The feedback I've had to my earlier blog post regarding my decision to seek off-farm employment (see http://www.flyingmule.blogspot.com/2012/08/the-continued-evolution-of-flying-mule.html) has generated sympathetic feedback from customers and tales of similar challenges from fellow small-scale farmers. Based on the comments of customers, however, I want to clarify the main challenges to small farms in our region (at least as I see them).
Contrary to the assumptions of some of our wonderful customers, my decision to seek off-farm employment is not the result of a lack of market for our grass-fed lamb. On the contrary, I could sell more lamb if I could produce it! After seven years of educating our community about the benefits (health and otherwise) of our 100 percent grass-fed lamb, we feel like we've arrived in terms of our marketing opportunities.
So why can't we seem to make a living as sheep producers? We seem to be facing three main challenges: lack of capital, lack of contiguous land, and ever-increasing overhead expenses.
Let me tackle the last factor first. Overhead expenses, from an economic perspective, are those costs that do not vary with the level of production. For example, we must have liability insurance whether we have 10 sheep or 1000. Fuel costs and equipment depreciation are also not directly related with the number of sheep we own. We've consistently subsidized our biggest overhead expense - labor - by not taking a salary out of the business. These overhead expenses are the primary driver in determining the appropriate scale for our operation. Based on my economic analysis, we need to have at least 600 ewes to generate sufficient income to pay all of our expenses - including my own salary.
The other two challenges stand in the way of achieving this scale. At current ewe prices, we'd need to invest about $80,000 just to achieve the 600 ewe target. Unlike farming annual crops (like vegetables), livestock production requires capital investment in productive capacity (as opposed to labor-saving equipment). We cannot substitute labor for capital equipment as we're growing - we must either invest in sheep or retain all of our female lambs to grow internally. Philosophically, I struggle with borrowing money to achieve this scale. At the same time, conventional sources of capital (e.g., local banks) are generally not well versed in providing loans for purchasing livestock.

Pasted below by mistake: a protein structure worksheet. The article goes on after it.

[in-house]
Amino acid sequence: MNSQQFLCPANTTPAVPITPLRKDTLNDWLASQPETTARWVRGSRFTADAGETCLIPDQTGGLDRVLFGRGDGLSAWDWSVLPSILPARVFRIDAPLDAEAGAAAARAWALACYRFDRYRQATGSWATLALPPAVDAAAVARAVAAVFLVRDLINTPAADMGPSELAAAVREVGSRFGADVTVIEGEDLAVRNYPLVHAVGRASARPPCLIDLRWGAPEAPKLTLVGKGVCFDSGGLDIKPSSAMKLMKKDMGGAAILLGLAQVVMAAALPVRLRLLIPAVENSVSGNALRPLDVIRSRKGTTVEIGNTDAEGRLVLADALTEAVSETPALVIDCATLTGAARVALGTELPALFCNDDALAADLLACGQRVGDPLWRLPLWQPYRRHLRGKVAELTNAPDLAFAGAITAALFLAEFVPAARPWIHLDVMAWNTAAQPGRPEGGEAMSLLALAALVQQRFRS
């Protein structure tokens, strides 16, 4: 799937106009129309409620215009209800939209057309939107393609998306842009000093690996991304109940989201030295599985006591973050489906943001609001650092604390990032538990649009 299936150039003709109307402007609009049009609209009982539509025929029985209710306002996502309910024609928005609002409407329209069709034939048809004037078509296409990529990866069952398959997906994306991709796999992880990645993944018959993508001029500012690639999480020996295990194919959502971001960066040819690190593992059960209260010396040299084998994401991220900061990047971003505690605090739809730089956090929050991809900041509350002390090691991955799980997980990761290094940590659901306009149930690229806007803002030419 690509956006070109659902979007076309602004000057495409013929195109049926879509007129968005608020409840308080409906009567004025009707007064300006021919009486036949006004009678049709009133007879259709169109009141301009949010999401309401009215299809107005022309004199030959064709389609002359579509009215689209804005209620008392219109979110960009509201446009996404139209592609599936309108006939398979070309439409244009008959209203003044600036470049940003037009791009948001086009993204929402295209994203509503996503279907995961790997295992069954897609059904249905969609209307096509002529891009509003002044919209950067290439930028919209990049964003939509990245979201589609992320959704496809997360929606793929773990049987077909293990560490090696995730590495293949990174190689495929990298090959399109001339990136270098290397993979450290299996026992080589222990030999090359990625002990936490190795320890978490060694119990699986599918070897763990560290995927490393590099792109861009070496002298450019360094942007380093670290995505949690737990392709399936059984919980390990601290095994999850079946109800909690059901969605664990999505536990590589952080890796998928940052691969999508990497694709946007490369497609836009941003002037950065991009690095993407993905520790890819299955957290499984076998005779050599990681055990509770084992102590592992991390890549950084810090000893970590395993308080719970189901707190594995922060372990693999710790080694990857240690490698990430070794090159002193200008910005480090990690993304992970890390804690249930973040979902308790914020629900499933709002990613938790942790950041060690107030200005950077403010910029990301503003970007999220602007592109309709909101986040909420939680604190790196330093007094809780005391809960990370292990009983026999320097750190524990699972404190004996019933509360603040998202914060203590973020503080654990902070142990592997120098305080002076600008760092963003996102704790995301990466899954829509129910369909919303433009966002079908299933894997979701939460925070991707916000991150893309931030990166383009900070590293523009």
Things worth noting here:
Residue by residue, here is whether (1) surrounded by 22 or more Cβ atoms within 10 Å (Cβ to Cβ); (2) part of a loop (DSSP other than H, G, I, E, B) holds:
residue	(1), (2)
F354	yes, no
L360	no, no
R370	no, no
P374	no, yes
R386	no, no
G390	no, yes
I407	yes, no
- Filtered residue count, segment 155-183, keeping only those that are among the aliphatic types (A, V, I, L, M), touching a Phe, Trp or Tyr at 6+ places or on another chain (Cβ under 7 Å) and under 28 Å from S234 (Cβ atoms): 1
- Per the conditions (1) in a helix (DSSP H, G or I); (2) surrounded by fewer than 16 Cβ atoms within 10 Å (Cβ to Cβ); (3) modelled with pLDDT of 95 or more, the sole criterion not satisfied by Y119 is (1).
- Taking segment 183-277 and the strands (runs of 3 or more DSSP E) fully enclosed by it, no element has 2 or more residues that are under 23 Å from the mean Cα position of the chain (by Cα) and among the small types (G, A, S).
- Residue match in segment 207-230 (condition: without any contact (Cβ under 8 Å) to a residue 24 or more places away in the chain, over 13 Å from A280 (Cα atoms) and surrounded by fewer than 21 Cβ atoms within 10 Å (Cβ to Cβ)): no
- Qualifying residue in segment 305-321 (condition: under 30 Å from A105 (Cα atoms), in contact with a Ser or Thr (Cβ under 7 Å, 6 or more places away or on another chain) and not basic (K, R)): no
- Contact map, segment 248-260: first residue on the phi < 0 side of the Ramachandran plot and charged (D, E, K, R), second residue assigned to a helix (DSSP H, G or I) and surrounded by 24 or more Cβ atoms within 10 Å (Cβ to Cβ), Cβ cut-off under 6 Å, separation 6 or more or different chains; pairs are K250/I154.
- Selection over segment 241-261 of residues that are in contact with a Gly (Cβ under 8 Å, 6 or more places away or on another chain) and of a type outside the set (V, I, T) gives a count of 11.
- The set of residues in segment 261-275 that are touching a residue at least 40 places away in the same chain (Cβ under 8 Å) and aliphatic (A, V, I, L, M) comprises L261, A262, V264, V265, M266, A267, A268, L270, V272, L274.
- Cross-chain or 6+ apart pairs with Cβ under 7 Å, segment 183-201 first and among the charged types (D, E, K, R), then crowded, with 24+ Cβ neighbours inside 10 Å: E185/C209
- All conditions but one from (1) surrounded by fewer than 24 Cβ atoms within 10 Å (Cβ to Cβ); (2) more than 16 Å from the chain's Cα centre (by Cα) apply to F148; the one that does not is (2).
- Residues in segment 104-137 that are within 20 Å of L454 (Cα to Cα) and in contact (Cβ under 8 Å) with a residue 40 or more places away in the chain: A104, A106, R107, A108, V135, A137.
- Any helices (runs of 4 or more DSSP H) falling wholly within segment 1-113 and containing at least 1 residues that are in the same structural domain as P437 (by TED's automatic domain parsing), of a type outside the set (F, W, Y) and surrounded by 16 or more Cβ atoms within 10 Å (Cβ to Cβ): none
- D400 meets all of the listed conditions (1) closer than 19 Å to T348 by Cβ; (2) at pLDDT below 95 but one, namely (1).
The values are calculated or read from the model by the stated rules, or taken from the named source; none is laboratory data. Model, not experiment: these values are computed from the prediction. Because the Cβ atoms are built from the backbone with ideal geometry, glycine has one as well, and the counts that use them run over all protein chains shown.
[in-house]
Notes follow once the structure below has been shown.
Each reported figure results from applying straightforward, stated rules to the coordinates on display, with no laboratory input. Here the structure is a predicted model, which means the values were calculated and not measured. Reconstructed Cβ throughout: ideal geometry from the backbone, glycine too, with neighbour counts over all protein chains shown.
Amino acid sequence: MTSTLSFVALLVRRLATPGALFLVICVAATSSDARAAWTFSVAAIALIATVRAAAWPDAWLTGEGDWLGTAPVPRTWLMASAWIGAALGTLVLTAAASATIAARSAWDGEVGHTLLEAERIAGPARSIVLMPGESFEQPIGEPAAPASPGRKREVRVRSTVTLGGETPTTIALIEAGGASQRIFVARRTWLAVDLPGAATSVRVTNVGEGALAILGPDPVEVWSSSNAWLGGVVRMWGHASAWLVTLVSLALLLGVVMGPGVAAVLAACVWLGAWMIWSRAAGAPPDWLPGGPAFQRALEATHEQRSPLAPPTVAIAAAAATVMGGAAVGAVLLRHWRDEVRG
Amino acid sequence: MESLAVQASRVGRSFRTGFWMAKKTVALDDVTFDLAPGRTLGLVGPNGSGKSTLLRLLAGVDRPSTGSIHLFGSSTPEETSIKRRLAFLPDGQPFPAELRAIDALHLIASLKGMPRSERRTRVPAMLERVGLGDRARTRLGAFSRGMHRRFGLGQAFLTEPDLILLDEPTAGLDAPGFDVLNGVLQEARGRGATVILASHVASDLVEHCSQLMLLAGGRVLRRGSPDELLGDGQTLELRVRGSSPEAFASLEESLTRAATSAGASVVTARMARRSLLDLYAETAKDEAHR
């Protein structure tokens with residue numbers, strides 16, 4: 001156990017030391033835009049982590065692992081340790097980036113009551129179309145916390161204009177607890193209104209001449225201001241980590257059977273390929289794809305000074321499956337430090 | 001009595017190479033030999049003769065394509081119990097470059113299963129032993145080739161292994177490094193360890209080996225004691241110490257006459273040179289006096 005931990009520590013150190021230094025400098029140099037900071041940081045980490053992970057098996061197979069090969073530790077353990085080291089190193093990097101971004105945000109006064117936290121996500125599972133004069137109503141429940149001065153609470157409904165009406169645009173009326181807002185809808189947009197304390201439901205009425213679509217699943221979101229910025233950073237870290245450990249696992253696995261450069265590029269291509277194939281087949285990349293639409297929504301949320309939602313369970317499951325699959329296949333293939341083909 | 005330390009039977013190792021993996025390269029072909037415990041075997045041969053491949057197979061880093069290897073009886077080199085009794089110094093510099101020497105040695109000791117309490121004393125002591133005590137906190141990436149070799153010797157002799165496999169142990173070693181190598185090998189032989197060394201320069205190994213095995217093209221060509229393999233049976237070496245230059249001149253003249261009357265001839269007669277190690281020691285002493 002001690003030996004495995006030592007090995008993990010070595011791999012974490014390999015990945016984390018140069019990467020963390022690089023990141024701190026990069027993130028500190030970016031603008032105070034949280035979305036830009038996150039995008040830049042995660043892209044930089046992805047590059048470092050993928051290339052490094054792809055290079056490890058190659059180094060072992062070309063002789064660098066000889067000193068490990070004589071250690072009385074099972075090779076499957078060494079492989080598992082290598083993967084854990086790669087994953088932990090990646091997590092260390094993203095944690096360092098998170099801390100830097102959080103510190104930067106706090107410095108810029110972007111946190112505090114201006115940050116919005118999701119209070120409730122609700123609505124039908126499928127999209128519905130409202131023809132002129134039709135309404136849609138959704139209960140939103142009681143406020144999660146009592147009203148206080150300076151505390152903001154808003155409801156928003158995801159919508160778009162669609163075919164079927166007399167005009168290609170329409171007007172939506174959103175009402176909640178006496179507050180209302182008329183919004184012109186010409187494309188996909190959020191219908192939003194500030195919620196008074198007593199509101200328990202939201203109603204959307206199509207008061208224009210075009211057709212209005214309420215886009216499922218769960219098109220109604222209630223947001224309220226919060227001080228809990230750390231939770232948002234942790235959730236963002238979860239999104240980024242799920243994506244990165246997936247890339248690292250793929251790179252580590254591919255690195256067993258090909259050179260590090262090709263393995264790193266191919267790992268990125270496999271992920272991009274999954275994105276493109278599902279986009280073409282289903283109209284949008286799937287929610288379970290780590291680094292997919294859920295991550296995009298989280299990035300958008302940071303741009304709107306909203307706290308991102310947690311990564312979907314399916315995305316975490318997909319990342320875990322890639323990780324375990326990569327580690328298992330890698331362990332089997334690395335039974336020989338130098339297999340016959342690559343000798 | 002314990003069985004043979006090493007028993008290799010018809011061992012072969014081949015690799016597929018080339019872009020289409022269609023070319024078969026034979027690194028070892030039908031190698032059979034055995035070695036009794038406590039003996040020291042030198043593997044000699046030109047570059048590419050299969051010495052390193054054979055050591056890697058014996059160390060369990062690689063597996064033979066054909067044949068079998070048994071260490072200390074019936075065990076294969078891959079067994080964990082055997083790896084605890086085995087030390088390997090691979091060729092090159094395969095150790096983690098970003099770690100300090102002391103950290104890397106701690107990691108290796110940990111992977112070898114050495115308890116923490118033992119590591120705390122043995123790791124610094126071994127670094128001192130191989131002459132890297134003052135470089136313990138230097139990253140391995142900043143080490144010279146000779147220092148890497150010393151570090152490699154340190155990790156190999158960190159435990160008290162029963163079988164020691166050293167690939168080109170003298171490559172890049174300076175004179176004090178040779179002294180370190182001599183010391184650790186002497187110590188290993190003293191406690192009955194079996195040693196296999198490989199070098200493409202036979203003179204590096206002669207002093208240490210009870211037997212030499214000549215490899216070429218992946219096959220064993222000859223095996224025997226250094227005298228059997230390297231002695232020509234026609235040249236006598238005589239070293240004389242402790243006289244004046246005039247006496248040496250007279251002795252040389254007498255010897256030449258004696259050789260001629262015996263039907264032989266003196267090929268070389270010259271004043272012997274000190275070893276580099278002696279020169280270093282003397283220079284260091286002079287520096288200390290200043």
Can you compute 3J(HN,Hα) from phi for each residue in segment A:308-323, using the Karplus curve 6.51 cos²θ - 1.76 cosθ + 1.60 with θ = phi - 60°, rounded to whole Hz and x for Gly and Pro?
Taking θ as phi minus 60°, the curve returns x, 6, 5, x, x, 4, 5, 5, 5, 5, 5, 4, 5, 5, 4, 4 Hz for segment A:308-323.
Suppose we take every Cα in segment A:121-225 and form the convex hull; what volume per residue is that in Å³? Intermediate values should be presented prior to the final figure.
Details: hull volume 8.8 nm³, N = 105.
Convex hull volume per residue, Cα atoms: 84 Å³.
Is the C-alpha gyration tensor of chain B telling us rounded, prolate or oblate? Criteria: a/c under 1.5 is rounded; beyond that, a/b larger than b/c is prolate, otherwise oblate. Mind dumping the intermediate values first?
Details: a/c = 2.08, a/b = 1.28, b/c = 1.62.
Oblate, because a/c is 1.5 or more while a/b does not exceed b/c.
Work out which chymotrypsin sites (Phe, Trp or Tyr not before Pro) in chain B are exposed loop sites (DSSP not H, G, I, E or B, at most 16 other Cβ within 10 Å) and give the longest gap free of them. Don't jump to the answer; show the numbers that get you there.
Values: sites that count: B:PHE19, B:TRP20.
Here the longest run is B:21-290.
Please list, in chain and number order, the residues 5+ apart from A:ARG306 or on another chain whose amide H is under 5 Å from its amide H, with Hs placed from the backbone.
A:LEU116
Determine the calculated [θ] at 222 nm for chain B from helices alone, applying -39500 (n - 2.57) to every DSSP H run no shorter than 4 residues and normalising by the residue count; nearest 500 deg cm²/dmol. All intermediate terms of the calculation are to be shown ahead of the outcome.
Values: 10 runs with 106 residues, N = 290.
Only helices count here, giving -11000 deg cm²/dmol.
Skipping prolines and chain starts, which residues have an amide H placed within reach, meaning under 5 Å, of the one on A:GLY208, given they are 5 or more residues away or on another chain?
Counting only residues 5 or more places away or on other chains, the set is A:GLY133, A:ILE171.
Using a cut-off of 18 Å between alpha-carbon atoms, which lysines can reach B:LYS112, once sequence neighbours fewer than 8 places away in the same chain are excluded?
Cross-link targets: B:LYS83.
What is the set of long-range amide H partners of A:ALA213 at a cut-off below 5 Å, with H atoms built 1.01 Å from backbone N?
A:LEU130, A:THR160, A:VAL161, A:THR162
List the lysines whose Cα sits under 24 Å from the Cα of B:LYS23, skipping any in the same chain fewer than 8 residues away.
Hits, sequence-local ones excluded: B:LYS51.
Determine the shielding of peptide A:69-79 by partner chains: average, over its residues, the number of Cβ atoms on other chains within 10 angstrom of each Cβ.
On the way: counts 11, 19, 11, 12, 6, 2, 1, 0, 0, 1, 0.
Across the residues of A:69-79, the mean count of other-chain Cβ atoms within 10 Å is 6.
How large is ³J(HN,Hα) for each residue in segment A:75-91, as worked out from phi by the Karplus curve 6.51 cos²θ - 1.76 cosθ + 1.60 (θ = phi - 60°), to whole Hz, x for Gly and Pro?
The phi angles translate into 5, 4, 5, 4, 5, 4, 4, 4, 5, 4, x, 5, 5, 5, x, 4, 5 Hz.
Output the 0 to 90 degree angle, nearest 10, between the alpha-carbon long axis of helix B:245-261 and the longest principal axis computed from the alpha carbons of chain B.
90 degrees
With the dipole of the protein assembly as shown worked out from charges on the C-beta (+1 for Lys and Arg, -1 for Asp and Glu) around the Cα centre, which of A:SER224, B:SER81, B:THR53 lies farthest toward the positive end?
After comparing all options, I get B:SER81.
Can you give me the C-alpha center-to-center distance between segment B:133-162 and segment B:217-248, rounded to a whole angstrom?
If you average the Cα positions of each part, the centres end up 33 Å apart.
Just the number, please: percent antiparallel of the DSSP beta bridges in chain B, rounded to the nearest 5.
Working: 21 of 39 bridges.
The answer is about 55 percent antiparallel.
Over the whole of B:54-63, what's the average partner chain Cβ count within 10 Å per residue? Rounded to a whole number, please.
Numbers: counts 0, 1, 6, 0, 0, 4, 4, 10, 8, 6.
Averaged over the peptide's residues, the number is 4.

The last challenge - access to enough land - is largely the result of increasing fragmentation in the foothills. On un-irrigated pasture, we need 1.5-2 acres to support a ewe for a full year (or .75-1 acre per ewe from October through April). Irrigated pasture is more productive - one acre will support 6-8 sheep from April to October - but it's in much shorter supply. Doing the math, we'd need 450-600 acres of annual rangeland and about 100 acres of irrigated pasture to support 600 ewes and their lambs. At least in Auburn, this quantity of contiguous land is not available for lease. A fragmented operation, as ours has been, requires trucking animals from one property to another - which drives up overhead expenses.
There is a chicken-or-egg element to the land question. Having more sheep means I could potentially lease larger pieces of land, but I need more land before expanding the size of my flock. That being said, large parcels with 75 acres or more of irrigated pasture and 500 acres or more of annual rangeland are exceedingly rare in our community.
Our answer to these challenges, at least for now, is to regroup and to re-size our operation to fit the land base we have available to us. We have access to about 30 acres of irrigated pasture and about 250 acres of annual rangeland in Auburn. This land is somewhat contiguous - the individual parcels are close enough that we'll be able to walk our sheep from one pasture to another (rather than trucking them).